The Great Debate: Active vs Passive Investment

Investors have been debating the merits of “active” versus “passive” investing for quite some time now. Active investing refers to a type of investment strategy where investors regularly buy and sell investments based on their analysis. These investors tend to conduct their own research by reading up on the companies’ business models and taking the time to read their financial reports to determine if they are worth investing in. Passive investing refers to the type of investment strategy where an investor believes that a diversified basket of common stocks, held at the lowest possible cost, with minimal trading, will tend to produce a market average return in the mid to long term.

Active investors believe that it’s possible to beat the market by buying stocks of companies with good prospects and sell off stocks of companies with bad prospects. In this case we’ll refer to active investment through investing in active managers (mutual funds). Passive investing takes the opposite view. Passive investors don’t believe that it is possible to select companies and profit from them. They tend to take it that the current price of the stock reflects all available information about the company and theoretically there is no extra work to be done to earn any additional returns.These passive investments refer more to Exchange Traded Fund (ETF).

So, should you engage in active investing or passive investing? Before you make any decisions, here are some key details you need to consider.

Active investing, a hands-on approach

If you are a strong believer that financial returns can be made through research, you can either pick your own stocks or invest in actively managed mutual funds. Mutual funds are offered by mutual fund companies such as Blackrock and Fidelity. These companies hire fund managers to invest the money pooled together from investors. Generally speaking, the goal of the fund manager is to “beat the market”, or in other words, outperform certain standard market benchmarks. For example, if you are investing in a US equity mutual fund, the fund manager’s goal may be to achieve better returns than the S&P 500. These managers actively seek for investments based on their assessment of each security’s worth. For the managers’ effort, the investors will naturally need to pay a fee.

Passive investing, an easier way to invest?

Taking a passive investing approach would mean that you prefer a buy-and-hold portfolio strategy, with minimal trading in the market. Passive investors don’t seek to profit from short-term price fluctuations or market timing and are happy to try to receive the performance of a market index. An efficient way to invest into such a passive strategy will be to buy an ETF. ETFs are funds that aims to offer you investment returns similar to that of an index like the S&P 500 or Straits Times Index (before fees). ETFs are traded like a stock and some of the major ETF providers include iShares, Xtrackers and Vanguard. Similar to a mutual fund, ETFs gives investors access to a portfolio of equities, bonds and other asset classes.


These are some notable differences between active and passive investing:

  • ETFs aim to give you “market” returns while active managers aim to beat the market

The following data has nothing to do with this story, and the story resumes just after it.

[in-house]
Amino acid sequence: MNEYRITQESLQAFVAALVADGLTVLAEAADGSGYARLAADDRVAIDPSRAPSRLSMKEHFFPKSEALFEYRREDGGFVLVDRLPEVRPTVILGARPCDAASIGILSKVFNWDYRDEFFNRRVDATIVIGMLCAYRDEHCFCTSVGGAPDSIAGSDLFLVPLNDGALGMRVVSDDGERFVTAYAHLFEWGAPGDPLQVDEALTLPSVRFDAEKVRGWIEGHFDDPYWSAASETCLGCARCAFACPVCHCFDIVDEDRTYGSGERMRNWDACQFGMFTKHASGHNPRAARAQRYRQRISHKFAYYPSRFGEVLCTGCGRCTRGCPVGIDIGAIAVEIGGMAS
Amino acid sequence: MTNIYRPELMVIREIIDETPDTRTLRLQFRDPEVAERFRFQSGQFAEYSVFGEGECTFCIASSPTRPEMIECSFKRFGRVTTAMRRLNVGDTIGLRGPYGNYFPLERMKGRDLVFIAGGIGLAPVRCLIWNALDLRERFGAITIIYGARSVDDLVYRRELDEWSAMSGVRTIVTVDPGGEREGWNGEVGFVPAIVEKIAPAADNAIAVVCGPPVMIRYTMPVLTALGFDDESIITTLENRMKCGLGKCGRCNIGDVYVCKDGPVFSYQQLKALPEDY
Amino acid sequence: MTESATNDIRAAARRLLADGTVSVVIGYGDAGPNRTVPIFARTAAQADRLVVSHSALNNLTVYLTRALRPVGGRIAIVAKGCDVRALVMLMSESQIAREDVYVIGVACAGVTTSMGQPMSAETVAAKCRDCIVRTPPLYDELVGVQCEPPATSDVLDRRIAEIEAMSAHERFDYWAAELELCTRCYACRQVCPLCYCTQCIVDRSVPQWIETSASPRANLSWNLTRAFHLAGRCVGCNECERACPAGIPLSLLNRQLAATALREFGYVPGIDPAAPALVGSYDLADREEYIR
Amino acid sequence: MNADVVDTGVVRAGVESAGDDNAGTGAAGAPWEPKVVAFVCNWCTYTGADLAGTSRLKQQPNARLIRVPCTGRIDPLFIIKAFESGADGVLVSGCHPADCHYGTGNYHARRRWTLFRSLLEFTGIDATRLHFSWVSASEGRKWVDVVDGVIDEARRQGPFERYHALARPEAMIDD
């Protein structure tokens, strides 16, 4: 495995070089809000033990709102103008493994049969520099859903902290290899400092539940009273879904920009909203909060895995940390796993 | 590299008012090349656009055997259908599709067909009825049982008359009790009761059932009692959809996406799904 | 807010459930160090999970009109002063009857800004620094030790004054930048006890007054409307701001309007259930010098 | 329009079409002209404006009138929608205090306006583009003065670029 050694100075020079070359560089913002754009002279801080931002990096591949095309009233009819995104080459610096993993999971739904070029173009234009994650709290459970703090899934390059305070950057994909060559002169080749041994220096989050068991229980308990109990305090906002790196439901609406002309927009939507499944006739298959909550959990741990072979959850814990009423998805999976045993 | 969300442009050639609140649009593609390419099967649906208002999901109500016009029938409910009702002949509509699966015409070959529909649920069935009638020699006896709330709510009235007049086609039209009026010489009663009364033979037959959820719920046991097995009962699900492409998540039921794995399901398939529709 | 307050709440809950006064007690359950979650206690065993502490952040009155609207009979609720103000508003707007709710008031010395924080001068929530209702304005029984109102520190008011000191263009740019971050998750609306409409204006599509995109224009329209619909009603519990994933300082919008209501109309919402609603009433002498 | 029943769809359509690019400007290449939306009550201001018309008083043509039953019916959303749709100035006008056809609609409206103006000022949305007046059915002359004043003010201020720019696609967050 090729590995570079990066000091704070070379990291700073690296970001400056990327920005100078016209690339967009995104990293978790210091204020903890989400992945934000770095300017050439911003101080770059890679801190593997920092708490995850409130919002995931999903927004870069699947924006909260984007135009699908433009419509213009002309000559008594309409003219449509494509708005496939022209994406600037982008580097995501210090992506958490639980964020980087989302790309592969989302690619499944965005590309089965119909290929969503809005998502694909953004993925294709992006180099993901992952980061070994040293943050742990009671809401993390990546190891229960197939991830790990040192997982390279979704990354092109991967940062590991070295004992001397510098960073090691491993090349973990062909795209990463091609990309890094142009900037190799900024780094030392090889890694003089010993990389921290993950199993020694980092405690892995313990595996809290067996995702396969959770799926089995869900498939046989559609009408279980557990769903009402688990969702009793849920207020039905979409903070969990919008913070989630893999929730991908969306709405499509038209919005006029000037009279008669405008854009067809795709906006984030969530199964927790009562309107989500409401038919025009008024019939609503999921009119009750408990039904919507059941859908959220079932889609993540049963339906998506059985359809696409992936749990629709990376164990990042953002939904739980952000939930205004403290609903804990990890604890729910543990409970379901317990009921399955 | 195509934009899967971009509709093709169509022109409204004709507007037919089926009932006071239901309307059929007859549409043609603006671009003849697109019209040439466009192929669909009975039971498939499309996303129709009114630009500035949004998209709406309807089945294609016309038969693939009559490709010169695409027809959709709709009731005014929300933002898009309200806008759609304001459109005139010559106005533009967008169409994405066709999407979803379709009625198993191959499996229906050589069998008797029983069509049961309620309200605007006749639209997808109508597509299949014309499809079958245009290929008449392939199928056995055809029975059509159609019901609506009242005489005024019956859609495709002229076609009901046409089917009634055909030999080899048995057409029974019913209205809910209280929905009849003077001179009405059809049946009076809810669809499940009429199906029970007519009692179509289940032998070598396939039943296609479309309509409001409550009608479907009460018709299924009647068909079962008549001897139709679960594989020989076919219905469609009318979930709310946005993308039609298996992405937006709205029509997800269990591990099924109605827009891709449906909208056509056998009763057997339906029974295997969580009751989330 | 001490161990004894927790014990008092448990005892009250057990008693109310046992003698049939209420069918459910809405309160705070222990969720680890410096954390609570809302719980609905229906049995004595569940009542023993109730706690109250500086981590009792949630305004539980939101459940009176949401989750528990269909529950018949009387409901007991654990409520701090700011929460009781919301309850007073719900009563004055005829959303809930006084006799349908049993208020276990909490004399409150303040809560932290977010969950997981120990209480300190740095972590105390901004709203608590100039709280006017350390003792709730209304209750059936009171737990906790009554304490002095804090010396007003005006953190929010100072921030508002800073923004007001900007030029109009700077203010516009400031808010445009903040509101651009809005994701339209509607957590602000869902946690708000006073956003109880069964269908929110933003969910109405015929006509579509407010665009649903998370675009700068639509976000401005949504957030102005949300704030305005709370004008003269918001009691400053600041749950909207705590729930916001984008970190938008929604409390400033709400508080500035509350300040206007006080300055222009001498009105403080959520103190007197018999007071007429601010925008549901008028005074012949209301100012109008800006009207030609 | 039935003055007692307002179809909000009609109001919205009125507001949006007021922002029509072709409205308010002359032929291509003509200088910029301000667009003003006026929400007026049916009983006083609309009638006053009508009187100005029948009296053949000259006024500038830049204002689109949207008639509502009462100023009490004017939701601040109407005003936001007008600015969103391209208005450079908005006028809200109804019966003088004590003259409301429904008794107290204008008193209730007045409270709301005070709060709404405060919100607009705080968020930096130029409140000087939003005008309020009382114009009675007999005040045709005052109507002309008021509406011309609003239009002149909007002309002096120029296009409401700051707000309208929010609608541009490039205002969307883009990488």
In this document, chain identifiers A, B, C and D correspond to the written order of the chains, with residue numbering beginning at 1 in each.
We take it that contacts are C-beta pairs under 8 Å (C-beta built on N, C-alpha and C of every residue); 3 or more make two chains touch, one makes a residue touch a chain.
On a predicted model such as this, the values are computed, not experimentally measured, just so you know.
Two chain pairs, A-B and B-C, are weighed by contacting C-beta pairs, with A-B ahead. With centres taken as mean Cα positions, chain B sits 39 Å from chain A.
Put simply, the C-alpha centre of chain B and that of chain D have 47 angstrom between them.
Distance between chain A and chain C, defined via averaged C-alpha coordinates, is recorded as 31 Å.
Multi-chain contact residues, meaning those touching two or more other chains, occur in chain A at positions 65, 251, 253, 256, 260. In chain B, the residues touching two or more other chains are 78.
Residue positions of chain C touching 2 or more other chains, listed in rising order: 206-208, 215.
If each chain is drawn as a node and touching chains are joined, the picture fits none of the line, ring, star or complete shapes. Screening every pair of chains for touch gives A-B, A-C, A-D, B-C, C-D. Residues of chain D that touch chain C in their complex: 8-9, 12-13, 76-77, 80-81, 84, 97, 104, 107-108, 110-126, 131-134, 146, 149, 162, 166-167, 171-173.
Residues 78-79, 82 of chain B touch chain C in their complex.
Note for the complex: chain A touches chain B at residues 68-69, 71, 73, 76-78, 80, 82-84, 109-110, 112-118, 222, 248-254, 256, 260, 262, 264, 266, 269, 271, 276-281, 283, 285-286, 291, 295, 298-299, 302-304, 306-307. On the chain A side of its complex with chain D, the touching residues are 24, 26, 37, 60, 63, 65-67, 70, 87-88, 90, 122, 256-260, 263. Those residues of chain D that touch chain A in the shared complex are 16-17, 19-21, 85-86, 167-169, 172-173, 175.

• ETFs have lower fees while mutual funds charge higher fees to compensate the investment team for their research, trading and administrative costs

  • ETFs are more transparent with their holdings and often provide the list of holdings for their ETFs while active managers might be more reluctant to share their list as it could take away their competitive edge


Some prevail but many fail

In general, most actively managed funds fail to beat their benchmarks, especially over longer time horizons. According to Morningstar, only 24% of all active funds topped their average passive rival over the 10-year period which ended December 2018. Long-term success rates were generally lowest among U.S. large-cap funds.


So, which investment strategy should you choose?

Active strategies benefit investors in certain investing climates, and passive strategies tend to outperform in other climates. Generally, when the market is more volatile, it’s a more conducive investment environment for active investment strategies. During times of heightened market uncertainty, there’s a greater disparity in the perceived valuations of stocks which gives managers more opportunities to use their judgment and skills to take advantage of any mispricings. Increased market volatility may also spur managers to engage in risk management strategies to insulate the portfolio from any market pullbacks.

On the other hand, when stocks are generally highly correlated and are moving in one direction, passive strategies may be the better way to go. Also, active management has historically been proven more difficult within some areas of the market. According to the research done by S&P Dow Jones Indices, US large-cap funds have been having a tough time beating the S&P 500 index. As a result, it may make sense to take a more passive approach and invest in an ETF when trying to get an exposure to large US companies.

This debate of active vs passive has been going on for decades and will probably continue. So, instead of trying to pick a side, you may stand to benefit from utilising both passive and active strategies to leverage on the valuable attributes of both.

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